Carrier USS Abraham Lincoln Leaves Middle East After 220 Days, Truman in Red Sea

December 16, 2019 9:39 AM - Updated: December 17, 2019 4:59 AM
An F/A-18F Super Hornet attached to the ‘Jolly Rogers’ of Strike Fighter Squadron (VFA) 103 launches from the flight deck of the aircraft carrier USS Abraham Lincoln (CVN-72) on Nov. 22, 2019. US Navy Photo

This post has been updated with an additional statement from the Department of Defense.

The Abraham Lincoln Carrier Strike Group is now in the Indian Ocean after a seven-month stint in the Middle East in parallel with the U.S. maximum pressure campaign targeting Iran, defense officials confirmed to USNI News on Monday morning.

Carrier USS Abraham Lincoln (CVN-72) and unspecified escorts entered U.S. 7th Fleet on Sunday as its relief, USS Harry S. Truman (CVN-75), entered U.S. Central Command over the weekend by transiting the Suez Canal on Dec. 13, according to ship spotters.

Truman is now in the Red Sea approaching the Bab el-Mandeb Strait, the Gulf of Aden and the Horn of Africa.

Lincoln has been operating in a tight box between the North Arabian Sea and the Gulf of Oman since it was scrambled to the region May 9 in response to a request from CENTCOM commander Gen. Kenneth McKenzie at the urging of then-National Security Advisor John Bolton.

At the time, Bolton called the move against Iran as a reaction to a “number of troubling and escalatory indications and warnings.”

“The [carrier deployment was a defensive action following credible threats to U.S. forces in the Middle East and a deterrence measure towards Iran for those threats against our forces,” Pentagon spokeswoman Cmdr. Rebecca Rebarich said in a Monday afternoon statement to USNI News.

Lincoln was extended in the Middle East on orders from Secretary of Defense Mark Esper while Truman was laid up with problems with the carrier’s electrical system.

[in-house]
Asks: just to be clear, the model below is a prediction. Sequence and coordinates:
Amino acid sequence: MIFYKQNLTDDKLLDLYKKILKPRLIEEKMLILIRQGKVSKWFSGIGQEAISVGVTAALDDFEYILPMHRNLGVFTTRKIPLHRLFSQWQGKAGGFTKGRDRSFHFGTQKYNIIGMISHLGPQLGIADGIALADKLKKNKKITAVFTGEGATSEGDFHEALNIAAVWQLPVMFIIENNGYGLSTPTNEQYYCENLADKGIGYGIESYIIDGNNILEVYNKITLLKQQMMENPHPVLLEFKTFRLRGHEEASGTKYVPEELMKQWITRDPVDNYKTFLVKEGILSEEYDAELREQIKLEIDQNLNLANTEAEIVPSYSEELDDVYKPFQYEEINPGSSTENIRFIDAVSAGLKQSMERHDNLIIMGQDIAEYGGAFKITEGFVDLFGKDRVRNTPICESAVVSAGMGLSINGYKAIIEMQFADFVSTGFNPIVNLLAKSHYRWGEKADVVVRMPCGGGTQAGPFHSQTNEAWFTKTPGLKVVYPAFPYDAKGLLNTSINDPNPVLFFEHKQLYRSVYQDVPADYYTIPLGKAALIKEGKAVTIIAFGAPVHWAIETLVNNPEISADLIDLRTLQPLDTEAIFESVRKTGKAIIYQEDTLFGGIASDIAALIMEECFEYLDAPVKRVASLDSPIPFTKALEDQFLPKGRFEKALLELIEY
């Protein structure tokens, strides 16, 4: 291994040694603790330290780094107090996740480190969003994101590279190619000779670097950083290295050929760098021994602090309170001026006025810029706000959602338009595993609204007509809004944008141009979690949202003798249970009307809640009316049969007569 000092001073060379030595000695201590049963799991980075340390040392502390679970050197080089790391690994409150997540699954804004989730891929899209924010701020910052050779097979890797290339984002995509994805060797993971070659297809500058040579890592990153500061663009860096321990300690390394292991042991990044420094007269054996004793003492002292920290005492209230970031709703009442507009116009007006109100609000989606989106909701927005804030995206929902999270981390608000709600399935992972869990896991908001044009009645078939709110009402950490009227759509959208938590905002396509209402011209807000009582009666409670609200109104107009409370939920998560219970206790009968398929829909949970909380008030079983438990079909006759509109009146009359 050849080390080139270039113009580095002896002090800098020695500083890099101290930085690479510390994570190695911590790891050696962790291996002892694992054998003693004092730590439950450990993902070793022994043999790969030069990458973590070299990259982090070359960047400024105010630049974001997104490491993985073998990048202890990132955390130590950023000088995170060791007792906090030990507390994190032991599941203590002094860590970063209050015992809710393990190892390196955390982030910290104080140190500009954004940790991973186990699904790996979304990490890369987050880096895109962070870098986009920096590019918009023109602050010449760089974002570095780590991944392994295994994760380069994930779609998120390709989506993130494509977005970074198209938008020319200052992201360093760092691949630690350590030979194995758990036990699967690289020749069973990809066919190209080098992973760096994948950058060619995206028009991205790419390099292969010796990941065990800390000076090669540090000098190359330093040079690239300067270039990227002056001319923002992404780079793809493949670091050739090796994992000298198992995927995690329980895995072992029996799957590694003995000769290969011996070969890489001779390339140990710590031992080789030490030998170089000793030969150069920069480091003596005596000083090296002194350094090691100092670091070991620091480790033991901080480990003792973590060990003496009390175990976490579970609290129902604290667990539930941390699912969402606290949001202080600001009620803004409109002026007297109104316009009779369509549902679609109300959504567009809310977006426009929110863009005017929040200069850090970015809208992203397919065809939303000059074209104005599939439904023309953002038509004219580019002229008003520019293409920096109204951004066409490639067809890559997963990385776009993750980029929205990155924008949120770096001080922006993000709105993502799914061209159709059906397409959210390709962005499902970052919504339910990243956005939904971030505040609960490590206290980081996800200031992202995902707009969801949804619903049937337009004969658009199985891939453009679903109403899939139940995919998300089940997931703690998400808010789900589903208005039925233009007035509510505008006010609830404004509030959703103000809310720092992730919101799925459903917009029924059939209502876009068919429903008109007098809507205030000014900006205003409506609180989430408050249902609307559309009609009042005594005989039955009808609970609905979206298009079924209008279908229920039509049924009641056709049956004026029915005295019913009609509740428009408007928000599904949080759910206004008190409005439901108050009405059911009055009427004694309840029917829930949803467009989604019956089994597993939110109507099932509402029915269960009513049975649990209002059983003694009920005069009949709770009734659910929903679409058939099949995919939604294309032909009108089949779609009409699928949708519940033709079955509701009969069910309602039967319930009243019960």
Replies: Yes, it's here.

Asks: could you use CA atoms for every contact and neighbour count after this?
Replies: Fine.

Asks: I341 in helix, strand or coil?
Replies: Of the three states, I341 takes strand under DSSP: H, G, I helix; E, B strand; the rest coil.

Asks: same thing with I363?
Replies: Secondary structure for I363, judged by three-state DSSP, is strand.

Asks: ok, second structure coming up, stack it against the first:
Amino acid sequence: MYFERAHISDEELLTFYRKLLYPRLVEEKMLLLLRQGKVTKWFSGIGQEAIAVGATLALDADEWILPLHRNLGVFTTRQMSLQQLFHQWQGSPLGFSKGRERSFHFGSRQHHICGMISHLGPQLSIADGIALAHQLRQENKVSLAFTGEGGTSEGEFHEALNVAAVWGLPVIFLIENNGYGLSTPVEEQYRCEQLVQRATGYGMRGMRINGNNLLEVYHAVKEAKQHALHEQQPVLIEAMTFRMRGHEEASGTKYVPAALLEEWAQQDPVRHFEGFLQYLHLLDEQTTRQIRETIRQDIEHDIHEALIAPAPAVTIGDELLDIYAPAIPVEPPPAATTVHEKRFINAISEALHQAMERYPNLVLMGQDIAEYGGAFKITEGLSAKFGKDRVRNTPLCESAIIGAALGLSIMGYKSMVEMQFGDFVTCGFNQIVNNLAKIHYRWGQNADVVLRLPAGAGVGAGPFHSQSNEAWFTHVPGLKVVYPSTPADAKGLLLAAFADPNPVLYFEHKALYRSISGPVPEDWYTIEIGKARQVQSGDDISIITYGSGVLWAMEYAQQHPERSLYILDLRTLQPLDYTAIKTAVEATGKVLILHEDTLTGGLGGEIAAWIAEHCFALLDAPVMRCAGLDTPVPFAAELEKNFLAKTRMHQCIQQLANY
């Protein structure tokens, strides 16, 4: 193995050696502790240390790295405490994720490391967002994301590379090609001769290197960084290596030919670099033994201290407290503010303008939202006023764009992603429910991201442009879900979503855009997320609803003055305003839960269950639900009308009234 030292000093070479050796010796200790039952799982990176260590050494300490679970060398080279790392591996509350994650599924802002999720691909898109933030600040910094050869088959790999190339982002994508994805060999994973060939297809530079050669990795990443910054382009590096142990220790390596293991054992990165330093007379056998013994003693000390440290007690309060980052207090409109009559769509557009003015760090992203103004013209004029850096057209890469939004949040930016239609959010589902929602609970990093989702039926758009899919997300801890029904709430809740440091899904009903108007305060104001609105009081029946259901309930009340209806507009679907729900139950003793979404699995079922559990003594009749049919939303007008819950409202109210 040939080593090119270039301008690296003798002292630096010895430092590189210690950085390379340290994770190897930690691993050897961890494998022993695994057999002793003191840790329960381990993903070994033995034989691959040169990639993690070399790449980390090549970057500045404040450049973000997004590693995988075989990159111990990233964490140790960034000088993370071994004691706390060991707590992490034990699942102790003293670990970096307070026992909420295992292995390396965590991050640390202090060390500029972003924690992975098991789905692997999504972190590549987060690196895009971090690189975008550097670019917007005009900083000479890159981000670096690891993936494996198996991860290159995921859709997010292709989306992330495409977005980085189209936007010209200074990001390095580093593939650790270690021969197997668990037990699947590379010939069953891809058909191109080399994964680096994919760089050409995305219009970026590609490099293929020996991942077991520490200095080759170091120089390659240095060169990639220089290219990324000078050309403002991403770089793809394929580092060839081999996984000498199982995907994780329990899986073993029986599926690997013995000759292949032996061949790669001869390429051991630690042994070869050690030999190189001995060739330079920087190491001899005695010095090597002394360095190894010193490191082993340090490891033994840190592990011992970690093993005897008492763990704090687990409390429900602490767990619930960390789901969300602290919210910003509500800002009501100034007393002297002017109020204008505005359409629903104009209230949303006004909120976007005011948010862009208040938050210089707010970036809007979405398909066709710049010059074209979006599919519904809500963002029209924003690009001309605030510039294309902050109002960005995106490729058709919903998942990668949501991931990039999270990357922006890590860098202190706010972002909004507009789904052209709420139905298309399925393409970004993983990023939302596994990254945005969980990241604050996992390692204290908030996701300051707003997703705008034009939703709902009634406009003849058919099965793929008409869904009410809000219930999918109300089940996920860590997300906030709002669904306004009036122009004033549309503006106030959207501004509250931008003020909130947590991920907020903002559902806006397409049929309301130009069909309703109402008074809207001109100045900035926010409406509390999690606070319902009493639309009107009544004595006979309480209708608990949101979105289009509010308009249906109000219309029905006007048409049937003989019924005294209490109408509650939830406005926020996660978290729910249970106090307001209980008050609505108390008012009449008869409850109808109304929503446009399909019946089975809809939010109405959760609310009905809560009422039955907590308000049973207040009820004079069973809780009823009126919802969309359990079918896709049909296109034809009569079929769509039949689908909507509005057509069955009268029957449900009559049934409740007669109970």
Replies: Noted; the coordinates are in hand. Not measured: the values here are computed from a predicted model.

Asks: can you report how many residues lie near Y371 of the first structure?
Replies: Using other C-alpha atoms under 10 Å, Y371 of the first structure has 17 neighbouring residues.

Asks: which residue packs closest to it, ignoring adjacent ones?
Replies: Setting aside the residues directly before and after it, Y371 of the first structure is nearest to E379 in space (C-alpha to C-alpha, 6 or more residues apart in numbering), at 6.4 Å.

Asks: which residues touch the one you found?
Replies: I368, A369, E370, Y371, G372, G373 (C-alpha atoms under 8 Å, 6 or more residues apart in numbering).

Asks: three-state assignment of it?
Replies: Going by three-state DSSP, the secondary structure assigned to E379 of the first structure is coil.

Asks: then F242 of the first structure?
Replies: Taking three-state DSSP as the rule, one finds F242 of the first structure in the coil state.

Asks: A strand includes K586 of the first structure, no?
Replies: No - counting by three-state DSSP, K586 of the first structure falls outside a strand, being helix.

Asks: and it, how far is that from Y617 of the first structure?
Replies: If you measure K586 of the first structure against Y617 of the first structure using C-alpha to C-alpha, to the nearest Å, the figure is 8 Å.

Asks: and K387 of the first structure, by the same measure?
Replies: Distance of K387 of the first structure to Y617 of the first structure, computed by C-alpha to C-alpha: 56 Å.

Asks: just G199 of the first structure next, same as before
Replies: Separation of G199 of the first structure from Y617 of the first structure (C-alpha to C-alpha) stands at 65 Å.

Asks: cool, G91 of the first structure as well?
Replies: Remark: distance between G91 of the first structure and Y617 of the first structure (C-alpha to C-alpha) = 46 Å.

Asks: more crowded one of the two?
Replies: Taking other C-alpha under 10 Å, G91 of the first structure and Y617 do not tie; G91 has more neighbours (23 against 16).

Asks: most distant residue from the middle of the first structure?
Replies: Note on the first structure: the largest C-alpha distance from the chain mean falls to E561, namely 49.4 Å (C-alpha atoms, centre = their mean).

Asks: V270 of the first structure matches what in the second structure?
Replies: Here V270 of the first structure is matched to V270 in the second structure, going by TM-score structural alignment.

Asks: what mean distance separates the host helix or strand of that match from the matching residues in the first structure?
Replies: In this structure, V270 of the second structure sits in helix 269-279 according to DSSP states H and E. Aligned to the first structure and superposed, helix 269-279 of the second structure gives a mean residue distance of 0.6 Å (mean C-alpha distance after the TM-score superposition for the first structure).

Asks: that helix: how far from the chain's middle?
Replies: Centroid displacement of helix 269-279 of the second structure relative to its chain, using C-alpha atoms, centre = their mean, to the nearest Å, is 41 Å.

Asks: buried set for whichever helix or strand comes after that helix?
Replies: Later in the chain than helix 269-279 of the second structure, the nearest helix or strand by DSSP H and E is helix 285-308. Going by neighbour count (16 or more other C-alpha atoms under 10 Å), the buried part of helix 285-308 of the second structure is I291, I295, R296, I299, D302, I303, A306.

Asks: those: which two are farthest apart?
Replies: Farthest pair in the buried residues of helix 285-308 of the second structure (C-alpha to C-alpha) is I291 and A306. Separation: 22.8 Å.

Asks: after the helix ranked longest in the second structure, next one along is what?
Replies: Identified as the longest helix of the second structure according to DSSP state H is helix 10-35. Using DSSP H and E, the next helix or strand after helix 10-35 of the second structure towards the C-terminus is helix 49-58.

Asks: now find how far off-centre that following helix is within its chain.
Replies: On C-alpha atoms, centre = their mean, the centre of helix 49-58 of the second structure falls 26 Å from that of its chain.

The Navy elected to deploy instead as a surface action group (SAG) Truman’s escorts under the command of U.S. 2nd Fleet in mid-September. Ahead of transiting to the Middle East, the SAG conducted anti-submarine warfare drills off of Iceland. Those destroyers and cruiser eventually relieved Lincoln‘s escorts, which returned to their East Coast homeports. They will now stay in CENTCOM to support Truman.

Truman completed the repairs last month and deployed with no notice, after its air wing had quietly certified aboard USS John C. Stennis (CVN-74) in the Gulf of Mexico and then conducted a final reintegration on Truman.

The episode that sidelined Truman and forced Lincoln into an unplanned extension points to the fragility of the service’s East Coast carrier force as the Navy has had trouble catching up with the maintenance from 15 grueling years of supporting the wars in Iraq and Afghanistan.

Truman conducted its second deployment in two years after a maintenance period for USS Dwight D. Eisenhower (CVN-69) ran much longer than expected.

Now Lincoln is set to return to its new homeport of San Diego, Calif., after its extended deployment. It’s unclear if the strike group will linger in the Western Pacific before heading home.

The carrier has been deployed for 259 days as of Monday. Lincoln holds the record for longest carrier deployment in the post-Cold War era, with a deployment of 290 days mostly in the Middle East from July 2002 to May 2003.

Sam LaGrone

Sam LaGrone

Sam LaGrone is the editor of USNI News. He has covered legislation, acquisition and operations for the Sea Services since 2009 and spent time underway with the U.S. Navy, U.S. Marine Corps and the Canadian Navy.
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